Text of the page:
Deanna Erickson is the director of the Lake Superior National Estuarine Research Reserve and University of Wisconsin-Madison, Division of Extension, Natural Resources Institute.
During the 2016 Environmental Protection Agency Cooperative Science and Monitoring Initiative (CSMI) meeting on Lake Superior, educators joined researchers through a joint professional development opportunity coordinated by Sea Grant.
Underway from Houghton, Michigan, lightning struck the radar system on this large Great Lakes research vessel, an early warning of the night to come. By nightfall, waves were cresting over the deck of the ship and lightning struck at a strobe light pace.
Watching the weather radar, the crew watched the storm spin over the region, in a manner similar to a hurricane. The vessel rocked wildly through the night. Meanwhile very nearby on shore, the marina at Saxon Harbor was blowing apart under the force of floodwaters. In the morning, the everyone onboard woke to dark chocolate milk-colored waters and post storm still winds.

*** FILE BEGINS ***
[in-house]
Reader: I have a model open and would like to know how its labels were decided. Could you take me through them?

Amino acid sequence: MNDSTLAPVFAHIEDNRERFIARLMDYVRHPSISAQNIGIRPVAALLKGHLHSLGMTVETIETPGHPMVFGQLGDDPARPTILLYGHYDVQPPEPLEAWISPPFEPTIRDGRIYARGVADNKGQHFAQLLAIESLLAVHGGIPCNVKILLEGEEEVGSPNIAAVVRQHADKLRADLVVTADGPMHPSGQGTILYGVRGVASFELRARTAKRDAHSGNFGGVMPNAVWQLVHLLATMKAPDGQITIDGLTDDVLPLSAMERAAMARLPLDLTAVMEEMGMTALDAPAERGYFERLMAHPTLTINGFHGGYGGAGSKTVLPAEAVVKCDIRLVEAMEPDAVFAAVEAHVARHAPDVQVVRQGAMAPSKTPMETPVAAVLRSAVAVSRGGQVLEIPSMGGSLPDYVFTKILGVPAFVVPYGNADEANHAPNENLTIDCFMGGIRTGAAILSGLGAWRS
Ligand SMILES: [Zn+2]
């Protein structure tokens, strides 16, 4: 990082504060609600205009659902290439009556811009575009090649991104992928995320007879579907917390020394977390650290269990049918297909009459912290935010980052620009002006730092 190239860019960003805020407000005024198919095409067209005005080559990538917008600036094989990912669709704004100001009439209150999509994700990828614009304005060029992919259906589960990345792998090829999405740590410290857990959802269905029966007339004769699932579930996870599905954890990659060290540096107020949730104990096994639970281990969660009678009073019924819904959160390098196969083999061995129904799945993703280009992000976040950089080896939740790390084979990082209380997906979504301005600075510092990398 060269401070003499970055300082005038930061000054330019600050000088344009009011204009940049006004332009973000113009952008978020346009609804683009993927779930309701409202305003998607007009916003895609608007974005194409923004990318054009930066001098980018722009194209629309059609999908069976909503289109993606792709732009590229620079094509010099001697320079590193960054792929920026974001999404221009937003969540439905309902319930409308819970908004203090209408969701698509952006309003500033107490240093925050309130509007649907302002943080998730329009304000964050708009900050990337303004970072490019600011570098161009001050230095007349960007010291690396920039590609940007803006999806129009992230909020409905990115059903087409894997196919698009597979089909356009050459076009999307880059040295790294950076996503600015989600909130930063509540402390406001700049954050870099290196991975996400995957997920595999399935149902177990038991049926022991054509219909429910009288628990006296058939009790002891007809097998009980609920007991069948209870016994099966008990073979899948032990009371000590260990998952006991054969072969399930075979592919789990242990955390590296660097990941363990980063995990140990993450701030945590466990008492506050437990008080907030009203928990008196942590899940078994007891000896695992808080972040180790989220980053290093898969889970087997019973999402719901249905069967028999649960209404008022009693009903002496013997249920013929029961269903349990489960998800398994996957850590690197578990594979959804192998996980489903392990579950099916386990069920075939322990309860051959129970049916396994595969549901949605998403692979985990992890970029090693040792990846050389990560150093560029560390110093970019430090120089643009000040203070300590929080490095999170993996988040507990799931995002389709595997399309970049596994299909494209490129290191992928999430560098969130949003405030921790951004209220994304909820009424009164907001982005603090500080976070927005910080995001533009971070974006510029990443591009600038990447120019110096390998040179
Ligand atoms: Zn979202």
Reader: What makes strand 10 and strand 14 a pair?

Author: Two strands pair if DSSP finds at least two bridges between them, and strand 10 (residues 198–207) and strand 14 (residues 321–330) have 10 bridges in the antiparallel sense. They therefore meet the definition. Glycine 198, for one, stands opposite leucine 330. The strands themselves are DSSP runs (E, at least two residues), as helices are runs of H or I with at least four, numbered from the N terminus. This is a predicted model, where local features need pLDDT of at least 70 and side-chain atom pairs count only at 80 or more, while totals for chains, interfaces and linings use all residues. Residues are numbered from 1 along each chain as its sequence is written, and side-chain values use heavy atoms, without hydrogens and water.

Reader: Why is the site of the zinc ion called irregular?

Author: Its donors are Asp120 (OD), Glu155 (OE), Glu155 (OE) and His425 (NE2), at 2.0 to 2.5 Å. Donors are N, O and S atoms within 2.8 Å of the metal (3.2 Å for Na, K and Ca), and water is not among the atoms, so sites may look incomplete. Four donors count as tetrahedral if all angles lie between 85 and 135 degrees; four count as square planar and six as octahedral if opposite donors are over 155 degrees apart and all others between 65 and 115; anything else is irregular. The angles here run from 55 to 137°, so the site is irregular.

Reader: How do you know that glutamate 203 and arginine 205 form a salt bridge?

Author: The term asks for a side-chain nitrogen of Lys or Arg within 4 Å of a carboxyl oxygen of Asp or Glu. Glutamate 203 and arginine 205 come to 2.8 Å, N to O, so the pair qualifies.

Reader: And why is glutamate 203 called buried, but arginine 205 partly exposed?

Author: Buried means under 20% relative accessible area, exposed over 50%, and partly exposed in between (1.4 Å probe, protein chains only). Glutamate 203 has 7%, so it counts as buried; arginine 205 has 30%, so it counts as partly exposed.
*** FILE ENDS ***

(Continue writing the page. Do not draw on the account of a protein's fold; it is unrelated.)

Pulling in to the Washburn Marina, guest speakers arrived late and pale, shaken by the extreme damage to roads and infrastructure in their communities.
This story is excerpted from from the Great Lakes Working Group White Paper, Climate Change and Wisconsin’s Great Lakes Ecosystem (pdf)
- Center for Great Lakes Learning | Stormy Seas blog
- Video story about flooding along Denomie Creek on the Bad River Reservation on July 11-12, 2016, shot by teenage participants of Tribal Youth Media
The views and opinions expressed in this interview are those of the authors and do not represent official policy or position of the University of Wisconsin-Madison or the Wisconsin Initiative on Climate Change Impacts.
In July of 2016, a group of educators and researchers aboard the EPA RV Lake Guardian were underway from Houghton, Michigan,to Washburn, Wisconsin. That night, an extreme storm struck the Northland, directly over the vessel. The story lakes place on Lake Superior, near Saxon Harbor and Chequamegon Bay in Wisconsin. The storm had impacts on the Mashkiziibi First Nation at the Bad River. Flooding blew out roads and separated the community from medical services and businesses in Ashland.